Two proffers, submitted in connection to two US Navy SEAL war crime cases, revealed some shocking details, according to a Navy Times report.
As per the outlet: “Proffers are legal documents that outline what potential witnesses will say on the stand in a court-martial trial in exchange for immunity from prosecution for crimes they also might’ve committed.”
The first case is against Chief Special Warfare Operator Edward “Eddie” Gallagher. He allegedly stabbed to death a teenage wounded Islamic State prisoner of war during a 2017 deployment to Iraq, according to a subordinate officer of his. He also allegedly called in “false target coordinates to engage a mosque,” tried to involve his platoon into “pointless and potentially catastrophic” engagements with militants and “became so mentally unstable that he should’ve been relieved from duty but wasn’t.”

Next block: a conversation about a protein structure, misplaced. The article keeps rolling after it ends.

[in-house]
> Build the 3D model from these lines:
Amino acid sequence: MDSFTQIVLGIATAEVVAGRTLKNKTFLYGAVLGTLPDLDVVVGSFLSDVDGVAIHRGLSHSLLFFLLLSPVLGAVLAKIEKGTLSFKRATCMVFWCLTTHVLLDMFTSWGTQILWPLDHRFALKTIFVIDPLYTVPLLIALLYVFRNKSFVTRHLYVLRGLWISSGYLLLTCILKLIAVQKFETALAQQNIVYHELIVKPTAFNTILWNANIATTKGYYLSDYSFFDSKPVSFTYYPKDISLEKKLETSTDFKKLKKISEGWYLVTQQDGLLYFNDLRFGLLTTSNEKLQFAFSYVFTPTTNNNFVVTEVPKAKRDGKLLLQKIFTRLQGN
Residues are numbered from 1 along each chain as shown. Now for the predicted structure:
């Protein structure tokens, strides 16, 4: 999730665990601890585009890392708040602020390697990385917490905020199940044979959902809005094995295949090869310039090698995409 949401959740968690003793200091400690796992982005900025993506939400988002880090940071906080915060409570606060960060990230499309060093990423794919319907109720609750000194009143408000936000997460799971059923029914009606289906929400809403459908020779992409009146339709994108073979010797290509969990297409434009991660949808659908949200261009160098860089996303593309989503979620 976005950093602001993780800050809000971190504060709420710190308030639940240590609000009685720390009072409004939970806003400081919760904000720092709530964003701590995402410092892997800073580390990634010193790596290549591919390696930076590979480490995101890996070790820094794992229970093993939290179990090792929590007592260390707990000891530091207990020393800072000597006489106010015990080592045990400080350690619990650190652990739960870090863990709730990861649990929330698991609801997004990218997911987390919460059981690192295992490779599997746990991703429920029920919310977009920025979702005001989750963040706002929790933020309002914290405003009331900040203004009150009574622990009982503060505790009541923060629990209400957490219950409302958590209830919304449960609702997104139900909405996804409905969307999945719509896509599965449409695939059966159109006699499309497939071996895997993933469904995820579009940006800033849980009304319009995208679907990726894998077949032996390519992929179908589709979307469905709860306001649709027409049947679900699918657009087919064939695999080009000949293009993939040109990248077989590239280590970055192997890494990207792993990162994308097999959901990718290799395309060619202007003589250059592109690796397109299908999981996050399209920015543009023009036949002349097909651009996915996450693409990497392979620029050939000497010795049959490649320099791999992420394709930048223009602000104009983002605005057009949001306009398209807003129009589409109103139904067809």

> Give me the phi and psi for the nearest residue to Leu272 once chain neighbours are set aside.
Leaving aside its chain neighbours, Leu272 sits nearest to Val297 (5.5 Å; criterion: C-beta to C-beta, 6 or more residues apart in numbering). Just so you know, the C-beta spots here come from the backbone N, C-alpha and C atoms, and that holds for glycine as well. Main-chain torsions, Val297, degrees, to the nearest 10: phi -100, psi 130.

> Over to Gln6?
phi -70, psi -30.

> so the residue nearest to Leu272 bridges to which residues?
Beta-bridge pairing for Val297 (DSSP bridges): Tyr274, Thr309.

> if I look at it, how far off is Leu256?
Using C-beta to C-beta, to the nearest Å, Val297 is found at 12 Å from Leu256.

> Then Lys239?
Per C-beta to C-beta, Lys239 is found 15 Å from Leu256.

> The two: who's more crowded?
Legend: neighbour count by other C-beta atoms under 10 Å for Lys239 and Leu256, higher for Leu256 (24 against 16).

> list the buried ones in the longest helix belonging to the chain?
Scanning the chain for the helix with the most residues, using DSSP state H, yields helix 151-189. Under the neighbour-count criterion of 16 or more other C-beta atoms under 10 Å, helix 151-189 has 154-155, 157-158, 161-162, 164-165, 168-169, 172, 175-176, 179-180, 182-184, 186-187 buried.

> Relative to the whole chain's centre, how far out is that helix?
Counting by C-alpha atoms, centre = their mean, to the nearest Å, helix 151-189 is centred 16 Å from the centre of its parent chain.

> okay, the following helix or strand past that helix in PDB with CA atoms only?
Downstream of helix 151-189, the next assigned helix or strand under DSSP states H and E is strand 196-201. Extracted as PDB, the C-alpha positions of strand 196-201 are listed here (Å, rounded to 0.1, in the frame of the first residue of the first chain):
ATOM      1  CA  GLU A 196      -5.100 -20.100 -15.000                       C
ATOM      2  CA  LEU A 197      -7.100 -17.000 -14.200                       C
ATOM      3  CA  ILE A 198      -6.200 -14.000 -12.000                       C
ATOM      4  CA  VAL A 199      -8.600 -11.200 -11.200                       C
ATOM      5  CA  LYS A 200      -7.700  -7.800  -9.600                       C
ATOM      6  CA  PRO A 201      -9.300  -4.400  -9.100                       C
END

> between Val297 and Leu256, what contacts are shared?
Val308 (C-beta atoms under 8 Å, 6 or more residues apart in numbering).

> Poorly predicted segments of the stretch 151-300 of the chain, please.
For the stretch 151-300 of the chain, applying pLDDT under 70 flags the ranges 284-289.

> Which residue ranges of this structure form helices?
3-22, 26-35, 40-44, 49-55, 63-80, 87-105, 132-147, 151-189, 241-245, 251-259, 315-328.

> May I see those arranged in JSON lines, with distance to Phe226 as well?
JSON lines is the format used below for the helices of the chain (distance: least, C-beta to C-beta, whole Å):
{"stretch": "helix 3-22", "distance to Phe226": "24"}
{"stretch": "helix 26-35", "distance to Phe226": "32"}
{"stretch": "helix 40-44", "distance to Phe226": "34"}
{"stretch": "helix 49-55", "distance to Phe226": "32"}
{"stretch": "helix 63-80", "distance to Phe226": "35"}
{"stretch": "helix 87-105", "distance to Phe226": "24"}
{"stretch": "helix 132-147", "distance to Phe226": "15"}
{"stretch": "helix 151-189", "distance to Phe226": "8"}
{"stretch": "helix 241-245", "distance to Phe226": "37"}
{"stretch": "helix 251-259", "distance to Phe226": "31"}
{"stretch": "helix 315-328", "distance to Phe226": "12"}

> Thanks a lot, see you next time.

Gallagher is charged with killing the Islamic State detainee on May 3, 2017, shooting at innocent civilians with his sniper rifle at other times and later attempting to coerce potential witnesses to conceal his alleged war crimes.
His commanding officer at SEAL Team 7’s Alpha Platoon, Jacob X. “Jake” Portier is also being charged for allegedly trying to conceal his subordinate chief’s crimes.
The Navy Times obtained the February 13th proffer and a previous one from January 17th. They contain new allegations against Gallagher and Portier, but they also question the willingness of several of their superiors to probe the war crime accusations.
The outlet also obtained copies of federal search warrants, which show that investigators have been tracing electronic communications across the SEAL community and seized the cellphones of those involved in the cases.